Tim McGraw and Faith Hill share three daughters, Gracie, Maggie and Audrey, and although all three are out of their parents' house, they still make sure to check in with their famous family. Speaking to his record label, McGraw shared that while it was emotional for him and hill to become empty nesters last fall when Aubrey went to college, the family has stayed close.
"We talk to our girls quite a bit. We're a pretty close five-some, me and my four girls," he said. "They've grown up on a bus with us and all kinds of things, so we stay pretty close and we talk quite often, for sure. And I wouldn't change that for anything." The Louisiana native recently reflected on his daughters' upbringing in a conversation with Garrett Hedlund for Leo Edit, sharing that he and his wife were able to provide their daughters "a different kind of life, but we also gave them the best of both worlds in a sense."
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"We tried our best to never be away from them," he said. "They were on the road with us, they flew with us. If we had to go to Europe, they went to Europe with us. Whenever we were working, they were with us most of the time."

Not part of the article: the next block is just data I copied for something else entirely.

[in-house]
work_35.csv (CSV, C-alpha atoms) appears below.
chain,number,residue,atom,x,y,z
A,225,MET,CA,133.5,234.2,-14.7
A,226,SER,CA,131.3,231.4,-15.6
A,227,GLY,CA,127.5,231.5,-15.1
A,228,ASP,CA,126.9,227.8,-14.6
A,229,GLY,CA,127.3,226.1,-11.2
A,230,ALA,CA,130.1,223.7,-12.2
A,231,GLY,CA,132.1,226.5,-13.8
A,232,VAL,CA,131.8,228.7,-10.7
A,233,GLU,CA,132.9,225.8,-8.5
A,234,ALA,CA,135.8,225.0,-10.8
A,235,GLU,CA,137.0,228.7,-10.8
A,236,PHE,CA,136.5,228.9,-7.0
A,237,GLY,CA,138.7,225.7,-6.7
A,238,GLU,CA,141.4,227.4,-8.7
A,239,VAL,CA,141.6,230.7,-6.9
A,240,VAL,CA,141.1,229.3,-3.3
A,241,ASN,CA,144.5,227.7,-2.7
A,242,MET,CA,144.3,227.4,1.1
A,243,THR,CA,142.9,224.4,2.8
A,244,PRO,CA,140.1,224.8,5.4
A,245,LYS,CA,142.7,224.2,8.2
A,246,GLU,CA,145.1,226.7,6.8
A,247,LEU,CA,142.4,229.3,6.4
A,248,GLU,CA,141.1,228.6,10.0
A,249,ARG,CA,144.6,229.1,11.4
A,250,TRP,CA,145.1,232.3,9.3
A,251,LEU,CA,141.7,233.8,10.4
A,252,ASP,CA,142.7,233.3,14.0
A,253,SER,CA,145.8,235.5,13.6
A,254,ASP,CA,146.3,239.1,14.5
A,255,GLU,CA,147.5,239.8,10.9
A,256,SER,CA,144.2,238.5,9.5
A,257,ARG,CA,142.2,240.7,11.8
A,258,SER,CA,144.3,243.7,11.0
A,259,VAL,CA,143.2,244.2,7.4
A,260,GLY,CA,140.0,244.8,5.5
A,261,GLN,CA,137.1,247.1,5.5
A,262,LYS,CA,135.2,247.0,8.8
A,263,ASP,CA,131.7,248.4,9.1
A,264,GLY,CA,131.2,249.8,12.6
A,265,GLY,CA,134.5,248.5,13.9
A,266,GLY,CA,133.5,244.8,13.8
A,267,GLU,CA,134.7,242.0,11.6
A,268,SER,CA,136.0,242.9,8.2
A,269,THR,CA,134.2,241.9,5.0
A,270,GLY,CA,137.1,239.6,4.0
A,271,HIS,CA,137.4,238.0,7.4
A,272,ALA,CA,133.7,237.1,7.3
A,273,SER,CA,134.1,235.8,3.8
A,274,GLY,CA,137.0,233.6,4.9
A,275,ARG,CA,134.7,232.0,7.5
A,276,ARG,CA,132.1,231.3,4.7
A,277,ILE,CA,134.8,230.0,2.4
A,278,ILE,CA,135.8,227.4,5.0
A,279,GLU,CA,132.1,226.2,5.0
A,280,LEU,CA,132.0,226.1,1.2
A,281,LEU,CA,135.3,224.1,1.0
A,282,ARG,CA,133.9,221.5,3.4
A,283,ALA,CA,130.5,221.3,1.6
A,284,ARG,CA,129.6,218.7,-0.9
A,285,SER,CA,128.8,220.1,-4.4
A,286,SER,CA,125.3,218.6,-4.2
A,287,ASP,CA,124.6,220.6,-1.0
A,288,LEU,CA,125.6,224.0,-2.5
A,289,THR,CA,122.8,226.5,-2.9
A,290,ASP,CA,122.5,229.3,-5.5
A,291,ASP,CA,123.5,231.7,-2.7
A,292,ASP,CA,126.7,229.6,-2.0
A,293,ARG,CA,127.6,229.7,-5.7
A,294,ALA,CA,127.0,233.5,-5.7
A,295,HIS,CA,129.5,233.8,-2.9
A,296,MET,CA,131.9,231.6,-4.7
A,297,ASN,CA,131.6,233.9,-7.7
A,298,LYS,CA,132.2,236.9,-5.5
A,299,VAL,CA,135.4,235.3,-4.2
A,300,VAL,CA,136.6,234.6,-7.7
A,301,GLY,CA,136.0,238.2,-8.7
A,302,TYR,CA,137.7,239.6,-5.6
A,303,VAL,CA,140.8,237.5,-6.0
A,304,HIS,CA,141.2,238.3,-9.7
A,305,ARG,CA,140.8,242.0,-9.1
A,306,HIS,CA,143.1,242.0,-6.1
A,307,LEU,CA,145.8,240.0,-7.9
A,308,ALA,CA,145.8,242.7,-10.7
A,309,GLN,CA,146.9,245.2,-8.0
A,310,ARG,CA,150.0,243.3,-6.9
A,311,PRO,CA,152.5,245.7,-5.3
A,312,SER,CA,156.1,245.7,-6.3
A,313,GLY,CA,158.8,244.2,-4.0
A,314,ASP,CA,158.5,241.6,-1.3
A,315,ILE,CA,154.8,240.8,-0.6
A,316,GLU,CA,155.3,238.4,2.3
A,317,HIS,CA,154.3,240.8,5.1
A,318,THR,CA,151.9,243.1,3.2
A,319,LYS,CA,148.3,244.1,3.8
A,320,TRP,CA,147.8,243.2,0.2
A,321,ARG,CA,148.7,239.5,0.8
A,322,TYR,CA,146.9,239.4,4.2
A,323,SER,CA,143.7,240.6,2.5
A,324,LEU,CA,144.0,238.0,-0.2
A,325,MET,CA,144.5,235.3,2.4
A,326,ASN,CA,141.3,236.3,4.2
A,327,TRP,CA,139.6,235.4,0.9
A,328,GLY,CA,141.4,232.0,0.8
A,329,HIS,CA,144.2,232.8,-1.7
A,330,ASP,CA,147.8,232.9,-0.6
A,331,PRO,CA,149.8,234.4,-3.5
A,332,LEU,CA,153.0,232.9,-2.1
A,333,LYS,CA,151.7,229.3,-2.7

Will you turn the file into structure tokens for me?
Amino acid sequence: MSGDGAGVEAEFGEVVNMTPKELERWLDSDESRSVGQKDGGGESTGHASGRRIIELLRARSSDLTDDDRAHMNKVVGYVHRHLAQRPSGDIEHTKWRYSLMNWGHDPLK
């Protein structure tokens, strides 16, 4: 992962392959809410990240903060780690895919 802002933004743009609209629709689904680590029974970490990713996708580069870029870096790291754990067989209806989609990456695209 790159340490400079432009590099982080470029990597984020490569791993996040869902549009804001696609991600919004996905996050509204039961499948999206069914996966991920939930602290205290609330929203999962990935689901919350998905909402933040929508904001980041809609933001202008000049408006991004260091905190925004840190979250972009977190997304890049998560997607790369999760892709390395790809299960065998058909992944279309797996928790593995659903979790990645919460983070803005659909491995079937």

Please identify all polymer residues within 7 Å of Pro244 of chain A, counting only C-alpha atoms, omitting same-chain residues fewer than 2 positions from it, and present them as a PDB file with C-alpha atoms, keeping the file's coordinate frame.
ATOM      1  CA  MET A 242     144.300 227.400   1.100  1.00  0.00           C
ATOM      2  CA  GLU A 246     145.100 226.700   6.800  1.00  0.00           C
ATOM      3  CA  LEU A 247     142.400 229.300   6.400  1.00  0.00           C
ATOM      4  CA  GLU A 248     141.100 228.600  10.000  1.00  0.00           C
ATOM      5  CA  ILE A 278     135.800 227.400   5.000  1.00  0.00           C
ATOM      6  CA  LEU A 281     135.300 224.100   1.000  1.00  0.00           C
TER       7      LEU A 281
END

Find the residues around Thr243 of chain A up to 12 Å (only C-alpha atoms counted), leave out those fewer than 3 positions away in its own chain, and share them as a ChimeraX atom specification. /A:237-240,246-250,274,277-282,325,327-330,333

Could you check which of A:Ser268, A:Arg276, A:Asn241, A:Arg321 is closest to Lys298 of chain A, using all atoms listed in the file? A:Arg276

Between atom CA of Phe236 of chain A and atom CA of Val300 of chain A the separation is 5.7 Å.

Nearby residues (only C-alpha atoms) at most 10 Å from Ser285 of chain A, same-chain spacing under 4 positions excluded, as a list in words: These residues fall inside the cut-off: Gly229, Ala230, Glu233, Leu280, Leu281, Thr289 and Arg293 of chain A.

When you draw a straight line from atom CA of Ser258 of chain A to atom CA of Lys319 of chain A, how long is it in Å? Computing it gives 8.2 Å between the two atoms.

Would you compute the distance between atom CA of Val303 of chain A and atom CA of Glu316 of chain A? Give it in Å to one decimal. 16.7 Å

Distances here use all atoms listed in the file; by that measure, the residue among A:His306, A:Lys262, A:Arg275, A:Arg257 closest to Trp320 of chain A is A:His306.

Despite being two of country music's biggest stars, McGraw and Hill stayed focused on parenting when they were home with their girls. "When they started school and when we were home, we didn't talk about business," McGraw recalled. "Their friends called us Mr. and Mrs. McGraw. They all knew us as Gracie's dad, or Audrey's dad, or Maggie's dad. They sort of all grew up in the same community with the same friends. All their parents knew us. We were at PTA meetings. We were at football games. We were at basketball games. I coached softball. I coached basketball. We were part of their life, their community growing up. We made a real effort for them to not just to be part of our lives, but for us to be part of their lives."
The "Undivided" singer added that "it's unfathomable how time flies." "Our youngest is 19 and living in New York City now, I mean, it's crazy," he said. "It goes by so fast. You think you're giving them good life lessons. You know, as a parent — look, [laughs] you're going to get half of everything wrong. That's just the nature of it. There is no handbook with it."